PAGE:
"When am I going to use this?"

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navigatr85
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"When am I going to use this?"

Postby navigatr85 » Wed Mar 03, 2010 1:29 am UTC

I teach math and physics. Sometimes my students will ask me questions like, "Why do I have to learn this?" or "When am I ever going to use this in real life?" I've wondered those things too, and I've never actually been able to come up with a satisfying answer. Honestly, I think there are a lot of things taught in classrooms that the students won't ever use again after graduation. I still teach all those things, though, because the college requires me to. But I'm wondering why those those topics were put into the required curriculum in the first place.

The main example that comes to mind is requiring higher-level math for students who are in a field that's unrelated to math, engineering, or physics. For example, I know a student this semester who's going for a degree in Exercise Science, and she's taking a math class that covers things like domain, range, solving quadratic equations, and so on. The class is required for all Exercise Science students. She's pointed out that she probably won't use any of that stuff in any kind of exercise-related job after she graduates. I agree with her. The realization that she won't use these things ever again has made her VERY unmotivated to learn the concepts in this class.

Some of my co-workers have told me that by studying math, students develop the ability to think more logically. They say that, even if the student never uses those math concepts again, they can apply that logical thinking ability to many other aspects of life. But that explanation doesn't satisfy me. What ARE those real-life situations in which highly logical thinking is required? If those situations do exist, wouldn't it'd be better to actually teach those real-life situations in class, along with the math? Or wouldn't it'd be even better to just eliminate the math altogether and just teach those real-life situations?

You might be thinking that math classes DO talk about real-life situations, in the form of word problems. But every word problem in every higher math class seems to be very contrived. For example, when teaching quadratic equations, teachers often use word problems involving throwing a ball in the air, and determining how long it would take for the ball to hit the ground. But the average person isn't going to come upon a situation in everyday life in which they'll need to calculate something like that.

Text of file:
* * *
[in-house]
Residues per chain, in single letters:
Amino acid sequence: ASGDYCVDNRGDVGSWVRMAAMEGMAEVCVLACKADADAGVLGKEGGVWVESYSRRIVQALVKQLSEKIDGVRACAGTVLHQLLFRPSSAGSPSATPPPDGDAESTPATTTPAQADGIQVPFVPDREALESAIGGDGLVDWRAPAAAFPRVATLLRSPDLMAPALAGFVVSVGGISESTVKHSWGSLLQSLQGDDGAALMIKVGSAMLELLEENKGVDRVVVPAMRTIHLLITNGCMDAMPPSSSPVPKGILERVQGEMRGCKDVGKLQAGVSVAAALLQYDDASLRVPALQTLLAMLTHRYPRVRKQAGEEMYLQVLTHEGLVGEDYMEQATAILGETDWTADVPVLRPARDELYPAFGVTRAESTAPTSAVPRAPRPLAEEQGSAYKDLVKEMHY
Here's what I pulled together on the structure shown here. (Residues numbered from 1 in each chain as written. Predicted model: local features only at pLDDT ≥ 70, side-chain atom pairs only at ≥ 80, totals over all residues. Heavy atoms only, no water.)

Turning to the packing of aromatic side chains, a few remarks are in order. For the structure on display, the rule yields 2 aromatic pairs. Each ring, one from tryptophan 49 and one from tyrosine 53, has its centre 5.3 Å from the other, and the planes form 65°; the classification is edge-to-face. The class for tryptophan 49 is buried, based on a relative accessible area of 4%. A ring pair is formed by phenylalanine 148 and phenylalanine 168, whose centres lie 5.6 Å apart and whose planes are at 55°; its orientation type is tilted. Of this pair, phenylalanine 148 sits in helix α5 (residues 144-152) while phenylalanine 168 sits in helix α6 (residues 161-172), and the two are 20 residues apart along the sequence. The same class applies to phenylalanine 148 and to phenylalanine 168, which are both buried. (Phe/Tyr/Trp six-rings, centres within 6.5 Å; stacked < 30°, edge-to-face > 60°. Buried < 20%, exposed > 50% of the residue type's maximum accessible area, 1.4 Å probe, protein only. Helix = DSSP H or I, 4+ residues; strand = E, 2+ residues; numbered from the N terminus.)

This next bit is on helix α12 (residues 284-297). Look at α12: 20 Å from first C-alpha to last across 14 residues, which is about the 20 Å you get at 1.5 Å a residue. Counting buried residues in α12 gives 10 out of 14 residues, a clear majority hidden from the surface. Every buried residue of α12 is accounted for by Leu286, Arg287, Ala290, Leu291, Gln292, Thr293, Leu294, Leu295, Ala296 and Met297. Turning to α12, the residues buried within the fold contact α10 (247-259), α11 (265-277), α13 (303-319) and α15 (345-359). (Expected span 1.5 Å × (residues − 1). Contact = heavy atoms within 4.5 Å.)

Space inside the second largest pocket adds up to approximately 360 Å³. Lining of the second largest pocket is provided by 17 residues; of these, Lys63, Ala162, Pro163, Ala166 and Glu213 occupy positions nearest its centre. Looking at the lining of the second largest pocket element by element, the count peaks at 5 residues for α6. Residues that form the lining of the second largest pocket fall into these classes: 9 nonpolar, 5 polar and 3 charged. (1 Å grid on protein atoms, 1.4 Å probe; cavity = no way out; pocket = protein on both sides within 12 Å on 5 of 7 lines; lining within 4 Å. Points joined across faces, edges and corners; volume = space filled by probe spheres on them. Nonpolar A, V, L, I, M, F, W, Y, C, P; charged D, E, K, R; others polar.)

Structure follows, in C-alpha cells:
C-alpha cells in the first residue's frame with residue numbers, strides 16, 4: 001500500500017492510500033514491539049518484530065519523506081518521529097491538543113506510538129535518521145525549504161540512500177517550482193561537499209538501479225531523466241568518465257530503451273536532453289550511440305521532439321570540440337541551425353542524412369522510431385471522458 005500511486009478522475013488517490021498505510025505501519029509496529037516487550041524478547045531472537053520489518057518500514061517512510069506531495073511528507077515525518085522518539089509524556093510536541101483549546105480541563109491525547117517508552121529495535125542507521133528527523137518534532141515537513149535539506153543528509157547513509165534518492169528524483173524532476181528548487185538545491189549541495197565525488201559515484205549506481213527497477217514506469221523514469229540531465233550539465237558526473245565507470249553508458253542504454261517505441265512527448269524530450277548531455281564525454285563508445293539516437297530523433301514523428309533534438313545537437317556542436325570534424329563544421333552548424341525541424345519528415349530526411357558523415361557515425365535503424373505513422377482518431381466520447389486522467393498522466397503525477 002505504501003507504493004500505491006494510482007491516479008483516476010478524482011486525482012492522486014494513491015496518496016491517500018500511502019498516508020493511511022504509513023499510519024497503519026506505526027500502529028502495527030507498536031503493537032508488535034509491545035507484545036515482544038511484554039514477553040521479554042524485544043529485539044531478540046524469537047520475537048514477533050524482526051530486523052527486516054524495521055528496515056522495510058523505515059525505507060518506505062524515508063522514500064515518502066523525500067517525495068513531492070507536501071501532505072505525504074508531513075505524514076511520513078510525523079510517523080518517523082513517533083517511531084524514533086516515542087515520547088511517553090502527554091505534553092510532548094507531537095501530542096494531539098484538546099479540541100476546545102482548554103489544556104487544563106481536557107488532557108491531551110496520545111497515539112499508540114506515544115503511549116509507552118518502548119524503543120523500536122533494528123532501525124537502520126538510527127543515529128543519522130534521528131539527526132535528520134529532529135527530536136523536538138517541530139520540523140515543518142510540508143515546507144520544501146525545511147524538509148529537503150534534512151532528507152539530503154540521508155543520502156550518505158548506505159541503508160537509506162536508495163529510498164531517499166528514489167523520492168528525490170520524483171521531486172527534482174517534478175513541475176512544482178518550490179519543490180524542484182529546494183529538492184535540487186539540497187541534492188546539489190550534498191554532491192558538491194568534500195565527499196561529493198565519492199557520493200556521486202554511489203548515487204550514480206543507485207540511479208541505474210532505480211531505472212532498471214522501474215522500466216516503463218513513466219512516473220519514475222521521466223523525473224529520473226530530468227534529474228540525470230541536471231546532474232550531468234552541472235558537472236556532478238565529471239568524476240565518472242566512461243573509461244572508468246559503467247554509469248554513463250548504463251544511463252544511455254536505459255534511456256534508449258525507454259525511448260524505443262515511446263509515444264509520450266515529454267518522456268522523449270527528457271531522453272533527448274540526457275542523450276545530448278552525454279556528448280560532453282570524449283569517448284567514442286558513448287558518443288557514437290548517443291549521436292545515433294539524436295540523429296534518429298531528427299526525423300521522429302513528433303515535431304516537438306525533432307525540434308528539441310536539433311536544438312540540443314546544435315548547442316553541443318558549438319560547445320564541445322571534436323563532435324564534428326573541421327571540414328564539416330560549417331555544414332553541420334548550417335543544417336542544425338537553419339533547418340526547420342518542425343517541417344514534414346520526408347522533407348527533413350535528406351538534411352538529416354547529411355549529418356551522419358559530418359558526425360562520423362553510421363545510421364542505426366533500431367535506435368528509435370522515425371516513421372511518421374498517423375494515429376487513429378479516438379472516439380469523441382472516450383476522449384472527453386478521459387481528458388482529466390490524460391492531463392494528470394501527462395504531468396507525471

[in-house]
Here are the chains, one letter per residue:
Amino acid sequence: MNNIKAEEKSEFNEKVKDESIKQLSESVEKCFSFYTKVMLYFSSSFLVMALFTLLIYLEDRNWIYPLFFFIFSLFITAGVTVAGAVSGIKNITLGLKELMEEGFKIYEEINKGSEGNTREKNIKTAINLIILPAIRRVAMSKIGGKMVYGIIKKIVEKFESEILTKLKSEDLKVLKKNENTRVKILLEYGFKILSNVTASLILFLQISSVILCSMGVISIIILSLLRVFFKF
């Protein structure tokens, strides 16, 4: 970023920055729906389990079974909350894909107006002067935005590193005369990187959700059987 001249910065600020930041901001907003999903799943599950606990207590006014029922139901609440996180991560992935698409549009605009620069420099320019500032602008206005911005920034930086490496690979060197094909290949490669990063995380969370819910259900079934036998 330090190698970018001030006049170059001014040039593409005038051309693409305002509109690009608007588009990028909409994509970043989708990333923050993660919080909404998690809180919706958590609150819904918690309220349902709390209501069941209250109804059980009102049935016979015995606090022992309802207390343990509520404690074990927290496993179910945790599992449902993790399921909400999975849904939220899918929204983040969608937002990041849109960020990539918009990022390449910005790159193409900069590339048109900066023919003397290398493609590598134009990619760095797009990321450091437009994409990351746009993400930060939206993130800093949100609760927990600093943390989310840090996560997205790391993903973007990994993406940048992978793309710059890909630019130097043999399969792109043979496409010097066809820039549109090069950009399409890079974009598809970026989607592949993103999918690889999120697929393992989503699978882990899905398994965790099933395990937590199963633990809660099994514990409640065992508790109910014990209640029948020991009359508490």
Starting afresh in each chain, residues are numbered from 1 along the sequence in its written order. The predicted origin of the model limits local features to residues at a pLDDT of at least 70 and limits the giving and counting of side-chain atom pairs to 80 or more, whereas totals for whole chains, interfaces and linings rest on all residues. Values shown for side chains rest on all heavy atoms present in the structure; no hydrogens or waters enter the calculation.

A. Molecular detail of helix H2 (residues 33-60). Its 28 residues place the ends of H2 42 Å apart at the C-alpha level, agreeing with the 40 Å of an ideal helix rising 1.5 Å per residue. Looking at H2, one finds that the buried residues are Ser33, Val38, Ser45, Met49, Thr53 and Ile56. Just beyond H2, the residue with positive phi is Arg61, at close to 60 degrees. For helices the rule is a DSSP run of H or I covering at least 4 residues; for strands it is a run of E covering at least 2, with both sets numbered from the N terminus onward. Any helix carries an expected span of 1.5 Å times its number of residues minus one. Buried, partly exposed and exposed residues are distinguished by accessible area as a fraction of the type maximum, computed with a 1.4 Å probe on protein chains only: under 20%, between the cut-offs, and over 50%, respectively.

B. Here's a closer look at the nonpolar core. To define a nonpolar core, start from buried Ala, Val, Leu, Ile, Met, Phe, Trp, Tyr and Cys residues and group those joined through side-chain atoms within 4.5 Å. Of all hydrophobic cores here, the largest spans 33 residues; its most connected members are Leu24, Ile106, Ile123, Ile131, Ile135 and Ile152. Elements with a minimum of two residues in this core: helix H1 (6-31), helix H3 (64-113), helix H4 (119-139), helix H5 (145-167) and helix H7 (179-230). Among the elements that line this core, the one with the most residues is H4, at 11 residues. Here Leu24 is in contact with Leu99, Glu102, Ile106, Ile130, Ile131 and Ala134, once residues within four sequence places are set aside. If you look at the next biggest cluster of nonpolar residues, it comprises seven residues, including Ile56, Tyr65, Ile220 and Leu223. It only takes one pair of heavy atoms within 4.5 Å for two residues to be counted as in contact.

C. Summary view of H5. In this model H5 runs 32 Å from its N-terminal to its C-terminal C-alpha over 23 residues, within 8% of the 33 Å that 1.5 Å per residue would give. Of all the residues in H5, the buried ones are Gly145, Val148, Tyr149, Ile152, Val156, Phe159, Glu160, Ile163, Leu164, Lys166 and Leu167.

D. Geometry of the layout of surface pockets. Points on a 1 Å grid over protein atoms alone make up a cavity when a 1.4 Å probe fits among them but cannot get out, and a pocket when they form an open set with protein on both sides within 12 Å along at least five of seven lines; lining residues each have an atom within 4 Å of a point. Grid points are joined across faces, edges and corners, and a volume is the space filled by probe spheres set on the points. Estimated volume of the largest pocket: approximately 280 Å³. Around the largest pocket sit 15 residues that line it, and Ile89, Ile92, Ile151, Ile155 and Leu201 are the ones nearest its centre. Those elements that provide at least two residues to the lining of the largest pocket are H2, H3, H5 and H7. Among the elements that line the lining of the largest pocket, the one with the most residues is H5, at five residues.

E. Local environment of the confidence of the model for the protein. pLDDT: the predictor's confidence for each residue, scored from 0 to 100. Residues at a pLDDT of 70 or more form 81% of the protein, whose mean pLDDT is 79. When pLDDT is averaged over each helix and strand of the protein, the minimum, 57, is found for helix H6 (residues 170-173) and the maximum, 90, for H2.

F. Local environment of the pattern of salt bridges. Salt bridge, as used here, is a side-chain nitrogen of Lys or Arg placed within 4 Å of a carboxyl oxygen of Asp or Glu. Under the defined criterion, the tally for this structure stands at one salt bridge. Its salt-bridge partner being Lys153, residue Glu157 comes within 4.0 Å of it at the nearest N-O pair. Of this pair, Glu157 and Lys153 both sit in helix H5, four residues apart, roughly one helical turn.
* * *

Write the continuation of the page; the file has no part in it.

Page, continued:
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Dason
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Re: "When am I going to use this?"

Postby Dason » Wed Mar 03, 2010 1:40 am UTC

It's quite possible that they'll never use it. You can ask whether that matters though.
double epsilon = -.0000001;

achan1058
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Re: "When am I going to use this?"

Postby achan1058 » Wed Mar 03, 2010 2:17 am UTC

navigatr85 wrote:Some of my co-workers have told me that by studying math, students develop the ability to think more logically. They say that, even if the student never uses those math concepts again, they can apply that logical thinking ability to many other aspects of life. But that explanation doesn't satisfy me. What ARE those real-life situations in which highly logical thinking is required? If those situations do exist, wouldn't it'd be better to actually teach those real-life situations in class, along with the math? Or wouldn't it'd be even better to just eliminate the math altogether and just teach those real-life situations?